Riding a motorbike with cold hands can be uncomfortable, painful or even dangerous once numbness sets in and affects your ability to use the controls. A good pair of winter motorcycle gloves can mitigate this by keeping the elements out: wind- and water-proof layers help protect your hands from the worst of the weather.
Tested by Richard Newland, for six years, 25,000 miles. Quality 5/5, Value 5/5. While many
Tested by Justin Hayzelden for two years, 6,000 miles. Quality 5/5, Value 5/5. These
Tested by Emma Franklin for six months, 3000 miles Quality 5/5, Value 5/5. They’re
4. DXR Brookite
Tested by Simon Brown for six months, 500 miles. Quality 4/5, Value 5/5. More
Tested by Ali Silcox for 4 years, 3500 miles. Quality 5/5, Value 5/5. I’ve worn these
Tried and tested by Commercial Content Editor Adam Binnie. I've gone into some length on these
Tested by Saffron Wilson for 12 months, 3,300 miles. Quality 4/5, Value 5/5. I tend to
Waterproof and breathable Gore-Tex winter gloves with PU knuckle protection and tri-fleece lining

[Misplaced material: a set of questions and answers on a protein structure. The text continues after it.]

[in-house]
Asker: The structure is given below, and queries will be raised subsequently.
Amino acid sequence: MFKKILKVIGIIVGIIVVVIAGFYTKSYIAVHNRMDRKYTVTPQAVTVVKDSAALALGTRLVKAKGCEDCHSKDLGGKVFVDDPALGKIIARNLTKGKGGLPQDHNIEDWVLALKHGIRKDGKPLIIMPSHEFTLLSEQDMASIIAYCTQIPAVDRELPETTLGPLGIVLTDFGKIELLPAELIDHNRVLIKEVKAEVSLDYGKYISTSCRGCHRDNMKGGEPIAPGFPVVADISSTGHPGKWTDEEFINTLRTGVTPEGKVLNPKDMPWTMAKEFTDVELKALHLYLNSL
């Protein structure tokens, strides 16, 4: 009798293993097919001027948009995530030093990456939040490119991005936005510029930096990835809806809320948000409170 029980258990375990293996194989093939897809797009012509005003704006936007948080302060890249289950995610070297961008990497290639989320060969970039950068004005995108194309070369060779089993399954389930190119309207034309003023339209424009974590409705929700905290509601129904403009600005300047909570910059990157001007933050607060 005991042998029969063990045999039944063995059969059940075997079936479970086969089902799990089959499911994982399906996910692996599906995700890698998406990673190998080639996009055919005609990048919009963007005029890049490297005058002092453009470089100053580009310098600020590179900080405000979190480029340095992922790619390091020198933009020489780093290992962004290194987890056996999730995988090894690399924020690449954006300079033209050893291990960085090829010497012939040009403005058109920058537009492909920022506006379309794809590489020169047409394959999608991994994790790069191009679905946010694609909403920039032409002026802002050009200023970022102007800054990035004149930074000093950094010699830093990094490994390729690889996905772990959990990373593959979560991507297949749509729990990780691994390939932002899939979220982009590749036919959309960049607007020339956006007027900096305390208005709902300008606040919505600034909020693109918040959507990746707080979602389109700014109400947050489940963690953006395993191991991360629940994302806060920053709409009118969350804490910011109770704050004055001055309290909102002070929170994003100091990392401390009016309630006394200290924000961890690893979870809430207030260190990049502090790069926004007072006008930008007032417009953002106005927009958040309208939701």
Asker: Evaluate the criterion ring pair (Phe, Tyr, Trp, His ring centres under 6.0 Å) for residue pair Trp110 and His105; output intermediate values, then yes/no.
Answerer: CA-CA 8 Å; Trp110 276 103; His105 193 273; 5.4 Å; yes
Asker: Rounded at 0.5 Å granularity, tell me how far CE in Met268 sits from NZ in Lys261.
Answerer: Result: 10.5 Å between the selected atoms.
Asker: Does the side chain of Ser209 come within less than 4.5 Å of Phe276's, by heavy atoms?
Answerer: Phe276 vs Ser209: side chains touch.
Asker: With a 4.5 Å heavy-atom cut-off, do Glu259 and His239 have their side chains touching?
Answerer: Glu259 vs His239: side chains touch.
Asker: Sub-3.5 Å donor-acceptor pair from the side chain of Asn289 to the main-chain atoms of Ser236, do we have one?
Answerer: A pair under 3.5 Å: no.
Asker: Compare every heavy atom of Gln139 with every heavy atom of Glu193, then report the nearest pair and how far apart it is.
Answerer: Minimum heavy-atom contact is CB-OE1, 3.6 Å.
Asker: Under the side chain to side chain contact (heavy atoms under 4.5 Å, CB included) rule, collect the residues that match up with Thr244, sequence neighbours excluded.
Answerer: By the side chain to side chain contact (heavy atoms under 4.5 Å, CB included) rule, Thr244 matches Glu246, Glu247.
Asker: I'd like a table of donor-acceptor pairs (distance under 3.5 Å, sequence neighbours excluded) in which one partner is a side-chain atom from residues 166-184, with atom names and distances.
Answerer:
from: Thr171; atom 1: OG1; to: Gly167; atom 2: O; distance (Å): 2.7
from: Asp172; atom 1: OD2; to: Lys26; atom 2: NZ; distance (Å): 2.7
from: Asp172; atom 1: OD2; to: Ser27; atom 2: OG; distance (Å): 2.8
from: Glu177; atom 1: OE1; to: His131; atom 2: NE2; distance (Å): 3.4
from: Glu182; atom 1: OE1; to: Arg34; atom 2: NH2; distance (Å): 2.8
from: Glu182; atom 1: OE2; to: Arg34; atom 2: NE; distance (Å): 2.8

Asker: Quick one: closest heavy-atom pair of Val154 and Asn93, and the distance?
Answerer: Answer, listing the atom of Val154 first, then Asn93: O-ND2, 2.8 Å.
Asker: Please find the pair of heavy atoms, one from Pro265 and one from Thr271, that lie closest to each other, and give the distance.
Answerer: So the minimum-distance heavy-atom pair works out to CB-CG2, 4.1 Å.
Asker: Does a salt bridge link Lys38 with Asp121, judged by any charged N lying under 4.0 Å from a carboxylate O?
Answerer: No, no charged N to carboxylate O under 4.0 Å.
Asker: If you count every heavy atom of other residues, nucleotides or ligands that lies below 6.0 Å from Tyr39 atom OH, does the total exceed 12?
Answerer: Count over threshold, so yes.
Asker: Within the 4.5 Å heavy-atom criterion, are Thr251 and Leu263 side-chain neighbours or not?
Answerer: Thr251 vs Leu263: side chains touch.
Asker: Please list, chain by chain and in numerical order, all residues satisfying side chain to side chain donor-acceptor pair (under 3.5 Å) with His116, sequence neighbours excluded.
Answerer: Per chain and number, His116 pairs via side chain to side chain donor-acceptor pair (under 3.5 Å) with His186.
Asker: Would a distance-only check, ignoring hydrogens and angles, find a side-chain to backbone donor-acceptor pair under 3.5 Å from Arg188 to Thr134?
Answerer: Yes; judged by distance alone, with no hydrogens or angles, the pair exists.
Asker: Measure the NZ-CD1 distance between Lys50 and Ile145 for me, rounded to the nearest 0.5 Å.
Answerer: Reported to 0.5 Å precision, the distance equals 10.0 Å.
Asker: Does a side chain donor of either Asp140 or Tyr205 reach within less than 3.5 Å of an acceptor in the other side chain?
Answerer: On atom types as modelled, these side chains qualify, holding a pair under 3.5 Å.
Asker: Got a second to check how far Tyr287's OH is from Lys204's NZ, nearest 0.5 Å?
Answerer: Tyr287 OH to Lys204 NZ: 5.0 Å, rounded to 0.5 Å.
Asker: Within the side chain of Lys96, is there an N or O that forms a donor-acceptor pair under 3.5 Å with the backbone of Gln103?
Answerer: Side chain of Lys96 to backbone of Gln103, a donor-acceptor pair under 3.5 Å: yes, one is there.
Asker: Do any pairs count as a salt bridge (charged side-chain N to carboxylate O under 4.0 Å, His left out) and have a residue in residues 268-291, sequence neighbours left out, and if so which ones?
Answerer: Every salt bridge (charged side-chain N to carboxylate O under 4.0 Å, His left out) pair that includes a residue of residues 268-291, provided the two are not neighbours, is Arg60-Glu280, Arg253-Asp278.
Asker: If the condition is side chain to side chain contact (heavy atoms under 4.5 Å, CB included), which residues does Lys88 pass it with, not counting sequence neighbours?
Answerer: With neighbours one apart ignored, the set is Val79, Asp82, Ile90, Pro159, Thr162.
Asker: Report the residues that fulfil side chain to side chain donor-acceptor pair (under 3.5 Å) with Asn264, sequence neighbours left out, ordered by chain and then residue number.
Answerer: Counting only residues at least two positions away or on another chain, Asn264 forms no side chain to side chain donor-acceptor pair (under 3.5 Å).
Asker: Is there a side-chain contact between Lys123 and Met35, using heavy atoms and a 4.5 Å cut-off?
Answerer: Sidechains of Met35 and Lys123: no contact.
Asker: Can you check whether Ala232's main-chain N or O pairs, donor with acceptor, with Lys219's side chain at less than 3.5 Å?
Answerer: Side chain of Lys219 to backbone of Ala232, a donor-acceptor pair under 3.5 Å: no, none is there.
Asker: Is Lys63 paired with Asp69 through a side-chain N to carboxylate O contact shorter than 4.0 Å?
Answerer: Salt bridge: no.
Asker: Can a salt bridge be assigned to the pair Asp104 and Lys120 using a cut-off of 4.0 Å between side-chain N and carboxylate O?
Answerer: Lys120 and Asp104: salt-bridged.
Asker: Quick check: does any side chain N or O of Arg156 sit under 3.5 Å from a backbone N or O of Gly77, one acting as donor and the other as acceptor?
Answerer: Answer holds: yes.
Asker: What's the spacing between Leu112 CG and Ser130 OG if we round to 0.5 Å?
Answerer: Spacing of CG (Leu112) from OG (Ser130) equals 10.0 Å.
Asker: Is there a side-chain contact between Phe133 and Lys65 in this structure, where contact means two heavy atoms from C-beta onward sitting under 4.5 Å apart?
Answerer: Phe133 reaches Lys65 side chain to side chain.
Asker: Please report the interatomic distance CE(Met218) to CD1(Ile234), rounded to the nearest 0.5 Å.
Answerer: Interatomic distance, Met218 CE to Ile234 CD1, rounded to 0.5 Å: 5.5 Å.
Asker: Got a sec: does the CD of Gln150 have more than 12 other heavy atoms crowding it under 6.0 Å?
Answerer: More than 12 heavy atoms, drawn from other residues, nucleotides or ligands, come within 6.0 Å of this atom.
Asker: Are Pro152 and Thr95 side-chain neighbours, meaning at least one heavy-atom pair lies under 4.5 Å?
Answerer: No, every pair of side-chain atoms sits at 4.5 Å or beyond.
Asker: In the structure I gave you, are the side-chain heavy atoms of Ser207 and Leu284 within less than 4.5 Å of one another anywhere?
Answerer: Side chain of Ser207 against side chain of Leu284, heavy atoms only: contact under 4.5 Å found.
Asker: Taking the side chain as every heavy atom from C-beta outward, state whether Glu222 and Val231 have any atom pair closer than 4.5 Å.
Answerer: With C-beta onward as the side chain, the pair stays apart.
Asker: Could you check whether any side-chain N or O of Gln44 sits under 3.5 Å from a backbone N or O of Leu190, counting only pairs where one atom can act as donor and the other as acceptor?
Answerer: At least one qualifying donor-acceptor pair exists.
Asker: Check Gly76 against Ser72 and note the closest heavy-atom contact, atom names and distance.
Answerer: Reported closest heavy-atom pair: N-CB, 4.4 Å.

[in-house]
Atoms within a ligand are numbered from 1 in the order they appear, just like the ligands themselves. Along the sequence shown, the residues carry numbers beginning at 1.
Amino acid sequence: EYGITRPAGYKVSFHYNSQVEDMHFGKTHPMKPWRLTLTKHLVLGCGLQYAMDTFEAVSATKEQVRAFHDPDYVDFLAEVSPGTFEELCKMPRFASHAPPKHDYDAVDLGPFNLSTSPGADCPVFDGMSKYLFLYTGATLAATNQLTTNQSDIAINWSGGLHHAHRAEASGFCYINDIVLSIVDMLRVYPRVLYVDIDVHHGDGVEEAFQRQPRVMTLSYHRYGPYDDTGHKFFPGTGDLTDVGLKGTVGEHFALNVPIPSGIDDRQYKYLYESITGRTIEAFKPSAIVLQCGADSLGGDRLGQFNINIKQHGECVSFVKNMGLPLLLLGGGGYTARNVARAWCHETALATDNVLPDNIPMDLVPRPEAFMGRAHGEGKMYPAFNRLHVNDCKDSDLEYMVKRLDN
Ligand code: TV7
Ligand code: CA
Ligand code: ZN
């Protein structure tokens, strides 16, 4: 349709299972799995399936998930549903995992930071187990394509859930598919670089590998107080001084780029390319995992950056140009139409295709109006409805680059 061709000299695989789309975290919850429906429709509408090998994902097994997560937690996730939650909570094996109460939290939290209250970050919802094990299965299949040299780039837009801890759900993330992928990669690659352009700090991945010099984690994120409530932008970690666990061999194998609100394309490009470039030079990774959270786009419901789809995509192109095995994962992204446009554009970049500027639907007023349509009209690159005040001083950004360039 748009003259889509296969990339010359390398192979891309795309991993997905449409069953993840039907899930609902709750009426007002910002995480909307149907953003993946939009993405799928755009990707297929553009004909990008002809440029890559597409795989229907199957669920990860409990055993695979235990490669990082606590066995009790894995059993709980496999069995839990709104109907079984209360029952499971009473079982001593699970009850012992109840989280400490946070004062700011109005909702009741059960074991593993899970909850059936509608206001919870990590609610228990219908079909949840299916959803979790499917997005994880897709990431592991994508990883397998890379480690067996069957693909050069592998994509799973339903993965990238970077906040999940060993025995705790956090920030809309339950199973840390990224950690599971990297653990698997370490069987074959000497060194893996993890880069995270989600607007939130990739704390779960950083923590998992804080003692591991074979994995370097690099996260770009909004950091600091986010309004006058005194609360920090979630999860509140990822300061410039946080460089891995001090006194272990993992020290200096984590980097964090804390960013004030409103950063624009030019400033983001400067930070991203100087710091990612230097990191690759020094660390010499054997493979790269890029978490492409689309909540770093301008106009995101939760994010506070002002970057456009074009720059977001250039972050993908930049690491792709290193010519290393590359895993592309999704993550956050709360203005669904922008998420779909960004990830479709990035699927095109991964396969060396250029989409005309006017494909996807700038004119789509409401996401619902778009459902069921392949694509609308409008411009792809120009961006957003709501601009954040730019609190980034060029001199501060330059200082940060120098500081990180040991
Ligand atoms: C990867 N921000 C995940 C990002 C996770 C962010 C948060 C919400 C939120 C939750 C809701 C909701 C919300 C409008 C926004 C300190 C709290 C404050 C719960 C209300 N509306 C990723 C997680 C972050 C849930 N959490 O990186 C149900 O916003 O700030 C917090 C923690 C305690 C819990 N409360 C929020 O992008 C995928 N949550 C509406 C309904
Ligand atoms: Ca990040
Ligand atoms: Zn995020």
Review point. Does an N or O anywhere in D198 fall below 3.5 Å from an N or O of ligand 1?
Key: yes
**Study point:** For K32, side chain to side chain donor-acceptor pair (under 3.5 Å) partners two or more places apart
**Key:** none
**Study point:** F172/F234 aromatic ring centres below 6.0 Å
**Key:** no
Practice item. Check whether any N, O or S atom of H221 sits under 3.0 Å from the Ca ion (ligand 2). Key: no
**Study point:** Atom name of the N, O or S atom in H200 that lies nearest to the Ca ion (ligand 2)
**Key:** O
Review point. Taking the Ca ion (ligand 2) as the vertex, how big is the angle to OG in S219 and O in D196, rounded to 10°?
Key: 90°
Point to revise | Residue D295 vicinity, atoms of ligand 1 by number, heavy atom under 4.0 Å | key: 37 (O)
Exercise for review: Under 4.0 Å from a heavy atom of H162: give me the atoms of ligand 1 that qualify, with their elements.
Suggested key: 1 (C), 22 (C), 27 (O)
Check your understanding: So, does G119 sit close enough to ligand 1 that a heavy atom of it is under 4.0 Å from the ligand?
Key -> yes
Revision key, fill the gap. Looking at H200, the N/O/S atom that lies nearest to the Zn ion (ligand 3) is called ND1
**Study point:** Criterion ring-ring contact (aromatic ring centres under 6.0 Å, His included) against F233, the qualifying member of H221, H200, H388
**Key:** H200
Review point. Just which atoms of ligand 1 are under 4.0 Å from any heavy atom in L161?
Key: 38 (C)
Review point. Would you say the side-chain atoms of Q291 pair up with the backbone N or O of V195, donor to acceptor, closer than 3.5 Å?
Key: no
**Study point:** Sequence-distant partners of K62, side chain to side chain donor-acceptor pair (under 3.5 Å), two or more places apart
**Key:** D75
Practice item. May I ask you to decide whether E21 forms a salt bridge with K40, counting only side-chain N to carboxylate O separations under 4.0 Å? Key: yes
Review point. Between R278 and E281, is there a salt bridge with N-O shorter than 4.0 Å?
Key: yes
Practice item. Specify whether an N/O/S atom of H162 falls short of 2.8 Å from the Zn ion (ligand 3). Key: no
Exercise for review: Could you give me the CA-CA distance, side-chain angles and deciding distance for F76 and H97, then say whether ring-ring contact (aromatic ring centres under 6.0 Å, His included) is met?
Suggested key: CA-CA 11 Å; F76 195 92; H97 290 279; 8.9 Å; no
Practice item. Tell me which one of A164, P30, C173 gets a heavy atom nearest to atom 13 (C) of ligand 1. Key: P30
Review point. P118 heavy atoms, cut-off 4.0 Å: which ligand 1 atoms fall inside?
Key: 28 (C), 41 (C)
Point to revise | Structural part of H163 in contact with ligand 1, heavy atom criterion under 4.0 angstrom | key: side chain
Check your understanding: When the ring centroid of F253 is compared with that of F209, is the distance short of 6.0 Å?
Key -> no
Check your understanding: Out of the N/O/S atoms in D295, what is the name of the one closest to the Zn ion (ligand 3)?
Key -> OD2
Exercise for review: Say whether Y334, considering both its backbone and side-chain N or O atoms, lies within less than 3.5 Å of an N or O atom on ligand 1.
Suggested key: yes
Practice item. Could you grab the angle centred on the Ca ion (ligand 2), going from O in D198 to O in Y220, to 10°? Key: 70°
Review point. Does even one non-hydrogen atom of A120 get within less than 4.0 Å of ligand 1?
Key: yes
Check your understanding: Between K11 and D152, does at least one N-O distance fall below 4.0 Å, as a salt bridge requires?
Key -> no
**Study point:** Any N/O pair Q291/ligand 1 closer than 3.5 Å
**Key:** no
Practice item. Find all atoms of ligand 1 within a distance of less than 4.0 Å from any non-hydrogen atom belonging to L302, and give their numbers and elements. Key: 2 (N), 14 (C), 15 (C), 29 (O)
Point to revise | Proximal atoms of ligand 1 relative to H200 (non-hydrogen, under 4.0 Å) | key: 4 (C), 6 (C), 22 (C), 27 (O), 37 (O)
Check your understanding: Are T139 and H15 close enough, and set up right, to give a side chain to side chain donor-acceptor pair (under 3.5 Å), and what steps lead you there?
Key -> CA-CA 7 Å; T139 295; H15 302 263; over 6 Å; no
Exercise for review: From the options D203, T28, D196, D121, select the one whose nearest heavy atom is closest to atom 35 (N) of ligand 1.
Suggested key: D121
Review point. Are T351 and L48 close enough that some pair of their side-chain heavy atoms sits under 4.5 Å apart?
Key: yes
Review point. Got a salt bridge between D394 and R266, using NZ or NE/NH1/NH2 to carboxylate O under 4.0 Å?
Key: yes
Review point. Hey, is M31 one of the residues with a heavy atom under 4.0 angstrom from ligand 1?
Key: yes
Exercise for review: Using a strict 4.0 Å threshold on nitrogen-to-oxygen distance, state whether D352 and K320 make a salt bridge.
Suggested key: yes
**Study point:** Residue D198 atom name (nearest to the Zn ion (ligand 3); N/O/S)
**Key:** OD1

Waterproof and breathable Gore-Tex gloves with Thinsulate thermal lining
Waterproof and breathable leather riding gloves with knuckle impact protection.
These touring gloves use Alpinestars' excellent Drystar waterproof and breathable membrane. The
12. Richa Carbon
These are the top rated winter gloves on the MCN Shop by our users and they're under £45! They're
More winter gloves
A luxury winter glove with an impressive warmth-to-weight ratio, reinforced with waterproof
Offering plenty of weather protection for not a lot of cash, these Richa gloves are a brilliant
The OutDry membrane in these Knox gloves is bonded to the outer surface, repelling water at the
Even if it doesn't feel particularly chilly when you leave the house, the combined chill and wind blast can make your hands freeze up as speeds increase, especially on the motorway. Then, a fleece or thermal lining can trap heat inside the gloves to keep your hands from getting cold. Other features to look out for are long cuffs and something to remove rain from your visor with - either an absorbent pad or plastic wiper.
On the flipside, thick, bulky gloves can leave you feeling just as detached from the bike's controls, so it's worth seeking out a pair that balances warmth with dexterity. Luckily for those who ride a motorbike in winter, there are loads of options out there for keeping your fingers warm, and the MCN team has racked up some considerable miles and saddle time weeding out the best of the bunch. Check out our guide to three seasonand heated gloves too.
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